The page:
From using crackpot psychics to cutting-edge forensics, Arthur Bryant and John May are famous for their maddeningly unorthodox approach to solving crimes that the ordinary police cannot. Now Christopher Fowler, “a new master of the classical detective story,”* brings back crime detection’s oddest—and oldest—couple to solve the ultimate locked room mystery.
It’s an “impossible” crime—a member of the Peculiar Crimes Unit killed inside a locked autopsy room populated only by the dead and to which only four PCU members had a key. And to make matters worse, the Unit has been shut down for a forced “vacation” and Bryant and May are stuck in a van miles away in the Dartmoor countryside during a freak snowstorm on their way to a convention of psychics.
Now, with Sergeant Janice Longbright in charge at headquarters, Bryant and May must crack the case by cell phone while trying to stop a second murder without freezing to death. For among the line of snowed-in vehicles, a killer is on the prowl, a beautiful woman is on the run from a man who seeks either redemption or another victim, and an innocent child is caught in the middle.
Weaving together two electrifying cases, White Corridor is an unforgettable triumph—by turns hilarious and harrowing—as two of detective fiction’s most marvelous characters confront one of human nature’s darkest mysteries: the ability to deceive, deny, and destroy.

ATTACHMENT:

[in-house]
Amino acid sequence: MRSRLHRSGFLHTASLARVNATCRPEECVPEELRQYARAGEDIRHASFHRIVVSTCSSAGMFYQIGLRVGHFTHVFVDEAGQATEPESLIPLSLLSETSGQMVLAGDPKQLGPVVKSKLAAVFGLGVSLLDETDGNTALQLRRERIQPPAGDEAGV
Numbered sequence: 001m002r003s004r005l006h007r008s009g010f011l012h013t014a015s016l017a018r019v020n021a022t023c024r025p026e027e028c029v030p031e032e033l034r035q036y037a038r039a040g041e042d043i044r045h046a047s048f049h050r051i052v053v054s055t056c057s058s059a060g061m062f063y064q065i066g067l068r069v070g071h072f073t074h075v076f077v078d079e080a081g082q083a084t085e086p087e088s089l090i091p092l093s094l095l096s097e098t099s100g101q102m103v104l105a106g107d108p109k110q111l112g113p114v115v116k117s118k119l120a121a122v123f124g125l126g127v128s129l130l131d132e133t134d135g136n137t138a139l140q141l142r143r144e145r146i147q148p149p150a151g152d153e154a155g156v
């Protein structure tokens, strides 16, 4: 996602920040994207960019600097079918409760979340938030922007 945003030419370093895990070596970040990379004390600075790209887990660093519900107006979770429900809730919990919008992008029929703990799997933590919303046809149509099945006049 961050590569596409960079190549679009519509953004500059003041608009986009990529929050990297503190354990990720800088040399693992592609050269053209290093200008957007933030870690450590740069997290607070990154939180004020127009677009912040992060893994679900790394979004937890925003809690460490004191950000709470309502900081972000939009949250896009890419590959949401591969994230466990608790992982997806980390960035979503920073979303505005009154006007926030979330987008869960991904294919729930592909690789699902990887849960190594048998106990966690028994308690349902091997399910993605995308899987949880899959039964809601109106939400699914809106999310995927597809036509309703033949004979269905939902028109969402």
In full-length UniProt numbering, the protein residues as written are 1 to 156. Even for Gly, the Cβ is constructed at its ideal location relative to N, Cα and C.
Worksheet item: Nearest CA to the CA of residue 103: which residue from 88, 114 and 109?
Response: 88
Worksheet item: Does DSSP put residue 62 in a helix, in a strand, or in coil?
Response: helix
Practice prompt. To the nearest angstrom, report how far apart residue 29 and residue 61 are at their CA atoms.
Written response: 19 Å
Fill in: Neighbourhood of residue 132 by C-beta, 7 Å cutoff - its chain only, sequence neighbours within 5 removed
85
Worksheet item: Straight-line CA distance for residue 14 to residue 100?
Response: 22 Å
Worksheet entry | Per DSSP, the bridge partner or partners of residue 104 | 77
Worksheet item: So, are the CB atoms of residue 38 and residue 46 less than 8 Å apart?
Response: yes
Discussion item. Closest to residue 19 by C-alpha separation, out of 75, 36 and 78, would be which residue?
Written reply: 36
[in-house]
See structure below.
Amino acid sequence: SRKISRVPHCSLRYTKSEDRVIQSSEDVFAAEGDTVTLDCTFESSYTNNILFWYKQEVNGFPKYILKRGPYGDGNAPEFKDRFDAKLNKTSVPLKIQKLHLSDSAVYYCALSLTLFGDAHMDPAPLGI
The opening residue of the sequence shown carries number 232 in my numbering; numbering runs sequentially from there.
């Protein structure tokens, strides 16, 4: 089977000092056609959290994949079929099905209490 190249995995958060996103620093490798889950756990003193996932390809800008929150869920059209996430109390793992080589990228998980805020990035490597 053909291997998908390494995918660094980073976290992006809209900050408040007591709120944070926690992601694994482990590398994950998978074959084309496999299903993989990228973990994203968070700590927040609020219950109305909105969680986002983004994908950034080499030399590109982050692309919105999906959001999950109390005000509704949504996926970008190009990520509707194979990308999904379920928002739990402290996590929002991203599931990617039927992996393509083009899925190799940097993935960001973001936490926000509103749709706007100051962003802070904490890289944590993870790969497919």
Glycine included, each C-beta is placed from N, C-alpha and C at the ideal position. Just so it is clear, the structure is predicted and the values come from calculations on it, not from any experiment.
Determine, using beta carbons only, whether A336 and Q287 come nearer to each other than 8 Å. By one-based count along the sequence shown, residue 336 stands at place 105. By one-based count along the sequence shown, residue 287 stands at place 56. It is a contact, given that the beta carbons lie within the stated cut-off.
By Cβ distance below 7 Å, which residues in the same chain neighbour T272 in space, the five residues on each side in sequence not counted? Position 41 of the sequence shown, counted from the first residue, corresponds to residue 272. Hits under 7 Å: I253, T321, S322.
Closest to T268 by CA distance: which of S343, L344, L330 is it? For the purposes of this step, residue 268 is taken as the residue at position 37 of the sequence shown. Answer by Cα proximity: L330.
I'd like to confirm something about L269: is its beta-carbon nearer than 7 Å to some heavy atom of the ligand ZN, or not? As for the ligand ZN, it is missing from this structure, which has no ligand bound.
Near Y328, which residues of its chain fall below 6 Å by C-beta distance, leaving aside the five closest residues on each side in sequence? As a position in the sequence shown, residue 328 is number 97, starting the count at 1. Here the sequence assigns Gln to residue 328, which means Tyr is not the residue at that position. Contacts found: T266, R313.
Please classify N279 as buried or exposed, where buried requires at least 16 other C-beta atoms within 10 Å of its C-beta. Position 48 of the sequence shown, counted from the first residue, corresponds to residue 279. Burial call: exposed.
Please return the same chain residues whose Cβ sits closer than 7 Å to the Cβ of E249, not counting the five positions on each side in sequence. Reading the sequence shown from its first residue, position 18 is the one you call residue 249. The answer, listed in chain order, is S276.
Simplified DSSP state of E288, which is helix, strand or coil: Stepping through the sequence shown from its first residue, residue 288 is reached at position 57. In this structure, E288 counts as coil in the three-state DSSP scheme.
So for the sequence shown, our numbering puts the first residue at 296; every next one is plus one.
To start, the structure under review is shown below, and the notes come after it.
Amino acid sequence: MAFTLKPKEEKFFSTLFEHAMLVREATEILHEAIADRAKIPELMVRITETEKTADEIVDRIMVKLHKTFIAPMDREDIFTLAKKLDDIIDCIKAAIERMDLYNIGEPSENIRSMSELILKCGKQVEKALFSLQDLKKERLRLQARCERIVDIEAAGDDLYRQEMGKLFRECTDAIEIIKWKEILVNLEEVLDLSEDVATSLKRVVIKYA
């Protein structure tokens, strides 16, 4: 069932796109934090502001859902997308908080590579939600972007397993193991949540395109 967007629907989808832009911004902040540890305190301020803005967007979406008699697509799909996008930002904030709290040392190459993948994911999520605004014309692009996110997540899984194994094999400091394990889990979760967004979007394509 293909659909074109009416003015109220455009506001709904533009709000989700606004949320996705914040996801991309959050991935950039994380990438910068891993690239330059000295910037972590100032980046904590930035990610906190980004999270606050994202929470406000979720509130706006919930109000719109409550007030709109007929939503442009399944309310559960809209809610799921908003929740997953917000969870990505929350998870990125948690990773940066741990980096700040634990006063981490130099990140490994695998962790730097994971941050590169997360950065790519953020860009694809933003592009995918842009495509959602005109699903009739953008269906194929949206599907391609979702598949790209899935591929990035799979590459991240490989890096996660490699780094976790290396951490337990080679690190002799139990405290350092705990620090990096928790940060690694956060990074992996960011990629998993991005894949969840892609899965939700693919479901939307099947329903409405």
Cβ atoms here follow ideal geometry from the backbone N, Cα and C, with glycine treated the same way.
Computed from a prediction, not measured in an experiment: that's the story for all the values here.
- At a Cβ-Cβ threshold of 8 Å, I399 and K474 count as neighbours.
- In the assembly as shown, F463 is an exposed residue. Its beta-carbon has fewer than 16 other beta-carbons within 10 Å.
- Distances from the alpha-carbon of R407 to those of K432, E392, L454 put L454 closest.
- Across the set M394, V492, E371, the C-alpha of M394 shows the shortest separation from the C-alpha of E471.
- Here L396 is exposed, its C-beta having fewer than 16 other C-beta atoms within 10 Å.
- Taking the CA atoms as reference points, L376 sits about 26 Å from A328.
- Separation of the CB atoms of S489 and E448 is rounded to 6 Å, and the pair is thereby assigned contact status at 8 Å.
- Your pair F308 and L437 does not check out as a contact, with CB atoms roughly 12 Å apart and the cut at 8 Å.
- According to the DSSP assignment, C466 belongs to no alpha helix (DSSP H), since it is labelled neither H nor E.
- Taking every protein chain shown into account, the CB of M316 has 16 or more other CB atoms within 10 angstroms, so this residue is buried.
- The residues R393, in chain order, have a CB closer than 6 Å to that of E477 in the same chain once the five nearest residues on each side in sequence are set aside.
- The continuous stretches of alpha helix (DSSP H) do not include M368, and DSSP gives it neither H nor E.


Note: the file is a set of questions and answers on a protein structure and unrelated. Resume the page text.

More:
Blending humor and brilliant detection, Fowler's excellent fifth novel to feature the engaging if bizarre exploits of London's Peculiar Crimes Unit (after 2006's Ten Second Staircase) offers two challenging mysteries for his pair of eccentric sleuths, Arthur Bryant and John May. While driving to an international spiritualists' convention, Bryant and May find themselves trapped on the road near Dartmoor in a blizzard. Lurking among the stalled vehicles is a man who may be a multiple murderer. At the same time, the two try to help via cellphone their colleagues back in London, who must solve the locked-room murder of a PCU member, retiring pathologist Oswald Finch, before the unit is finally shut down for good. The fair-play solution will particularly satisfy lovers of golden age mysteries. Once again, Fowler shows himself to be a master of the "impossible crime" tale.